A Sense of Compassion

Pediatric audiologist and alumna Michelle Hu inspires young patients and their parents as a model of what’s possible with hearing loss

Headshot of Micelle Hu Photo: Courtesy of Michelle Hu and The Leo Loves

Michelle Hu

When Michelle Hu (CWR ’05), AuD, was 3, her teacher noticed the preschooler wasn’t paying attention during story time. She was initially diagnosed with mild hearing loss, and later with enlarged vestibular aqueduct syndrome, a genetic condition caused by a malformation in the narrow canals that travel between the inner ear and an area deep inside the skull. By age 10, her hearing loss in both ears was profound.

As an undergraduate at Case Western Reserve, Hu decided her life’s work would be sharing her experience and working with children. Today she’s a pediatric audiologist in San Diego. In addition to seeing patients, she writes about the challenges and triumphs of life as an adult who is hard of hearing, on Instagram ( and her website Hu spoke with Think about being a doctor, role model and mother of two girls, ages 3 and 2, and an infant son.

You came to CWRU with profound hearing loss. What was college like for you?

The university’s [accessibility office] was really amazing. My favorite accommodation was that they provided CART [computer assisted real time transcription] stenographers, who phonetically transcribed all my classes in real time, just the way a courtroom stenographer does, and the words would appear on a laptop they provided. It was so helpful in classes where the professor spoke really fast. I’m friends to this day with Andrea Koorey, one of my CART stenographers.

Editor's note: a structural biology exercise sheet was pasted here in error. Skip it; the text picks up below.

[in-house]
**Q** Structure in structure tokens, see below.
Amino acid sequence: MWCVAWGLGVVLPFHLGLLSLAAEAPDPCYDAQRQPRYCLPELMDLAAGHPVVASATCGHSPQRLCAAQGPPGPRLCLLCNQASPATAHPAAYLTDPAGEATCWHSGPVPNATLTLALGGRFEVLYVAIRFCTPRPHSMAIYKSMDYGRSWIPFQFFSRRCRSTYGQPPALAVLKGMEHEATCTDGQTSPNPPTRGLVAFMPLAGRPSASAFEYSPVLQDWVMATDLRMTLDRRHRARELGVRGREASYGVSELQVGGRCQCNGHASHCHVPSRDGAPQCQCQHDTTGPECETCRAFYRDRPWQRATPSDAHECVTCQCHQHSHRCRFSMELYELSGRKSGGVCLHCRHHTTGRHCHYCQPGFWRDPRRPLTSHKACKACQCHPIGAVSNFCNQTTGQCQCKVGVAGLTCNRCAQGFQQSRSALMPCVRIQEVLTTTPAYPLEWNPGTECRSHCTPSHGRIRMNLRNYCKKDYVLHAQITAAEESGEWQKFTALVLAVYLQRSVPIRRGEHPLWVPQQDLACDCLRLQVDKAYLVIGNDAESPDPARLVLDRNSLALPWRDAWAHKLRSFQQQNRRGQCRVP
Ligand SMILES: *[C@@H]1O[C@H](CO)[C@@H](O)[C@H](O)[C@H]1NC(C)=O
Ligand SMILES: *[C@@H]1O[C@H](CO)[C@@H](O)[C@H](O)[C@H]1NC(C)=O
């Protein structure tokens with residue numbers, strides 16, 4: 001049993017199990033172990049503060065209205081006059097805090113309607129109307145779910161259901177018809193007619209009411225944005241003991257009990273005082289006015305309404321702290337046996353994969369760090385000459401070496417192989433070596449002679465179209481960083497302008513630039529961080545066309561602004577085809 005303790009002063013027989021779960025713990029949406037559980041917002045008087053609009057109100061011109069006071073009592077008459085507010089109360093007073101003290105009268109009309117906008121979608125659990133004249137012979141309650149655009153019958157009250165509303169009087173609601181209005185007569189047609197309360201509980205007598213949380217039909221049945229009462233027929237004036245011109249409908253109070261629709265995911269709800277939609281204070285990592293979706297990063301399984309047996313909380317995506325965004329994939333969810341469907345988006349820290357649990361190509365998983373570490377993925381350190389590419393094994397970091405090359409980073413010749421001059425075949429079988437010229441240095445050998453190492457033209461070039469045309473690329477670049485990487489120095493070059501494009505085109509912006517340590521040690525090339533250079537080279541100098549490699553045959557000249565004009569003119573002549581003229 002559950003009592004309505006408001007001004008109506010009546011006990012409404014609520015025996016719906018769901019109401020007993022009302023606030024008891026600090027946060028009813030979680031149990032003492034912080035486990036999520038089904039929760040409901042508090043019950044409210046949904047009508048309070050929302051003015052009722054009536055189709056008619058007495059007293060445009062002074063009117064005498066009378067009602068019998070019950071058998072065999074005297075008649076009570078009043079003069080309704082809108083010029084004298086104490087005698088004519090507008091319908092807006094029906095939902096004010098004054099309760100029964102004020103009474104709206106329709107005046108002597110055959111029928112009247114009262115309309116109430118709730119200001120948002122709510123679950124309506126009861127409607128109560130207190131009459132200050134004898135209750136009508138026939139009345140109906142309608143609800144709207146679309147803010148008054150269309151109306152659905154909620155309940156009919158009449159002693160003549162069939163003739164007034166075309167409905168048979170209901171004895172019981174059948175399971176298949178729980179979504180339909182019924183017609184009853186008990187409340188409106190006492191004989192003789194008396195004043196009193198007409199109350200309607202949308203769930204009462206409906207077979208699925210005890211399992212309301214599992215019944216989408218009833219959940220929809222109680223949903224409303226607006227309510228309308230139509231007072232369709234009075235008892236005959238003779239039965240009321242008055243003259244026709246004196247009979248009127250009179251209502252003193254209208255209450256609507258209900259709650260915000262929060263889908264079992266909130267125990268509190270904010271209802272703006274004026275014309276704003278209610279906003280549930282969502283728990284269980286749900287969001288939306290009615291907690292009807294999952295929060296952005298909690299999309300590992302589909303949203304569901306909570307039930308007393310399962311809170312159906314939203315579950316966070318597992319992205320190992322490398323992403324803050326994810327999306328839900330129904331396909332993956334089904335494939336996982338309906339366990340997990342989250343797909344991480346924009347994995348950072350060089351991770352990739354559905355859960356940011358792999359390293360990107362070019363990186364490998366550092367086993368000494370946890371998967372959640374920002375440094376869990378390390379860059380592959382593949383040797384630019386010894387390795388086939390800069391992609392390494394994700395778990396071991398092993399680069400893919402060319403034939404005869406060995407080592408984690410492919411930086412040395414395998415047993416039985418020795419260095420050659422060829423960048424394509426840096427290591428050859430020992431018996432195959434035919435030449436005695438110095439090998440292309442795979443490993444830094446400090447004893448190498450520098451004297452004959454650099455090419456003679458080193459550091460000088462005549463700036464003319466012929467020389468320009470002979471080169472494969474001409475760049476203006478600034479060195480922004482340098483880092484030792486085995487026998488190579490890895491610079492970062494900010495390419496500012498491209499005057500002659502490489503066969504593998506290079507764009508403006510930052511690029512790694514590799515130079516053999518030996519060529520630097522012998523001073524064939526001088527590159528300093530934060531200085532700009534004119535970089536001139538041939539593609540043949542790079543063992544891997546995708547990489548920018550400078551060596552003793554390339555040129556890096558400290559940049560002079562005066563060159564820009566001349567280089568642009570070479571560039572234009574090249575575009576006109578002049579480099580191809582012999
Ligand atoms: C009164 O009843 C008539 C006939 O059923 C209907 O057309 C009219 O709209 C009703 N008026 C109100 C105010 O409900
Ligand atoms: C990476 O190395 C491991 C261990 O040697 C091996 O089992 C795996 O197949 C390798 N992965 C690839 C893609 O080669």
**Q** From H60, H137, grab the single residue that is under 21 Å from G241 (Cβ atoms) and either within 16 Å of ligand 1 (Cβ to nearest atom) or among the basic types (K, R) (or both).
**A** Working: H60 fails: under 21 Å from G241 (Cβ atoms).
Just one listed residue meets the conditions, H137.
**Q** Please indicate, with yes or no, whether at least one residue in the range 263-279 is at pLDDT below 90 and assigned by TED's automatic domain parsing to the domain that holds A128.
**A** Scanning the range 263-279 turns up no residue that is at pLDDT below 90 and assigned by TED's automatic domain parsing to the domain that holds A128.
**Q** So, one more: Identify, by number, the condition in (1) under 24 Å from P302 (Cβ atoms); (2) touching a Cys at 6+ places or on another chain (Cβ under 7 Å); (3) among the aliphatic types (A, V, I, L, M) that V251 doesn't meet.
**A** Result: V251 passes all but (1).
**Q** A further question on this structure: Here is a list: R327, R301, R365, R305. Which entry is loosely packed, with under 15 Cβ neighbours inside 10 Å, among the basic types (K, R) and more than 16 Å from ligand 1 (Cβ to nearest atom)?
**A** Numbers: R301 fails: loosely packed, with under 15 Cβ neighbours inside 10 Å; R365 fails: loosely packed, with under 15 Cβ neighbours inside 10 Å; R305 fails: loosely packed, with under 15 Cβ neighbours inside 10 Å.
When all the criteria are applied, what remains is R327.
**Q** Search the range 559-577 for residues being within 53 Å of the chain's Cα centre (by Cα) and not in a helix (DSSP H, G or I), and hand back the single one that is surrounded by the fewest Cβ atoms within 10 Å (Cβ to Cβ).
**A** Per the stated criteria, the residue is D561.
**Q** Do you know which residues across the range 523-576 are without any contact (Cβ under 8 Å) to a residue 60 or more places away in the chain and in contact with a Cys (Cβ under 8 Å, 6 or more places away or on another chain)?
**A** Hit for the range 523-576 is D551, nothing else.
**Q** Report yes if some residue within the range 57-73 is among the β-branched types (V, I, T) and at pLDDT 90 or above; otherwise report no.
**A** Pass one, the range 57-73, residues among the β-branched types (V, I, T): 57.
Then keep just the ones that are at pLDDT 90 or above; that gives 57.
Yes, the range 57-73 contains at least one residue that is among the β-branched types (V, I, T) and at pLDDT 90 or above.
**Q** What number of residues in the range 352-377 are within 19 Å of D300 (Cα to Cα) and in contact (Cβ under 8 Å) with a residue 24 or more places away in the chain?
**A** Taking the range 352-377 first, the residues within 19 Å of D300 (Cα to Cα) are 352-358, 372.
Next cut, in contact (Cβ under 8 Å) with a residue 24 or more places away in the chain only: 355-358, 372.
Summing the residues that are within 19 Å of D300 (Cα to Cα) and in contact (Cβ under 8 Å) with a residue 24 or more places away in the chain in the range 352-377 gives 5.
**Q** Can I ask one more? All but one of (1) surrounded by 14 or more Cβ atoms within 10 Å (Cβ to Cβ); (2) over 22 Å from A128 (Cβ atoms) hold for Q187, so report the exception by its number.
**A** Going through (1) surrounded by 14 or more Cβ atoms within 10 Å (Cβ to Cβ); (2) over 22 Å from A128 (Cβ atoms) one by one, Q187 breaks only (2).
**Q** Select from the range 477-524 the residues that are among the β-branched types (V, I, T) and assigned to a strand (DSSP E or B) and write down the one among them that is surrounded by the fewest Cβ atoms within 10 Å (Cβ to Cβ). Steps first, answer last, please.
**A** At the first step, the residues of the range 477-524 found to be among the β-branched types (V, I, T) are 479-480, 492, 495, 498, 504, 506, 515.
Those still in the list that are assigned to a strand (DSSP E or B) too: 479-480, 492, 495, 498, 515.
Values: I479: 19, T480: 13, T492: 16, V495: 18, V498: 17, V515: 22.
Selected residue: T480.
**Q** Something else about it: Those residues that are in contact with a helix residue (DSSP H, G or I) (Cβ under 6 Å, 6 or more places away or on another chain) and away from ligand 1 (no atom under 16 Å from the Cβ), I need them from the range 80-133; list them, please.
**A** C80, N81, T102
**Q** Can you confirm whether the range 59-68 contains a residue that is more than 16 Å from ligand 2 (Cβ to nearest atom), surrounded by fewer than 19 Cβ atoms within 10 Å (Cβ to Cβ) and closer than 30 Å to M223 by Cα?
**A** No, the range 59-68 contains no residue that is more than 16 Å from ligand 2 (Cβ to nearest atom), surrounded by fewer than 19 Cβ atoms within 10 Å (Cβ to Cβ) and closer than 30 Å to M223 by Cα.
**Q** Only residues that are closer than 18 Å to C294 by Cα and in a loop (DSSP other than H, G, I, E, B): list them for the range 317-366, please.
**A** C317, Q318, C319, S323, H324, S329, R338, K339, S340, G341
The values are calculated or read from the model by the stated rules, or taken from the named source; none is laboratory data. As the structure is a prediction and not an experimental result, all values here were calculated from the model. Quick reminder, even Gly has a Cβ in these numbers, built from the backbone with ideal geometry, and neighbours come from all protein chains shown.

"Parents sometimes come in feeling like their child is broken...they can look at me and finally see the possibilities."
How did you decide to pursue audiology as a career?

Initially I was prelaw, but I thought, no, I want to do something in health care. I was sitting in the waiting room at my doctor’s office, and my mom said, ‘You know, maybe you’d make a good audiologist,’ and I was like, ‘Yes!’ A few years later, I was in graduate school at the Northeast Ohio AuD Consortium and I first learned about cochlear implants. These are surgically implanted devices that use electrical impulses to directly stimulate the cochlear nerves, which communicate sound to the brain. Within months I received my first cochlear implant in my left ear. When I got it, I realized I hadn’t known what I was missing. Three years later, I got an implant for my right ear. With external processors that go on my ears and transmit to the implants, I can hear sounds within normal limits.

How does your experience with hearing loss affect how you do your job?

Parents sometimes come in feeling like their child is broken and it’s their fault, and they can look at me and finally see the possibilities and amazing opportunities their child could have access to. And teenagers can look at me and say, ‘If she could do it, I can do it.’ Now some of my patients have grown up and are parents themselves, and they come back to me with questions like, ‘How do you hear your baby if it cries in the night and you don’t have your [external] hearing devices on?’

My husband is in the military and isn’t always home, so I have an alarm clock connected to a shaker under my pillow that vibrates if the baby cries. That’s why I started posting on Instagram and created my website. In the clinic, I might see 10 patients a day, but now I can reach people all around the world. I see all these little Michelles out there learning that they really can achieve anything, and hearing loss doesn’t have to limit them.

— Jennie Yabroff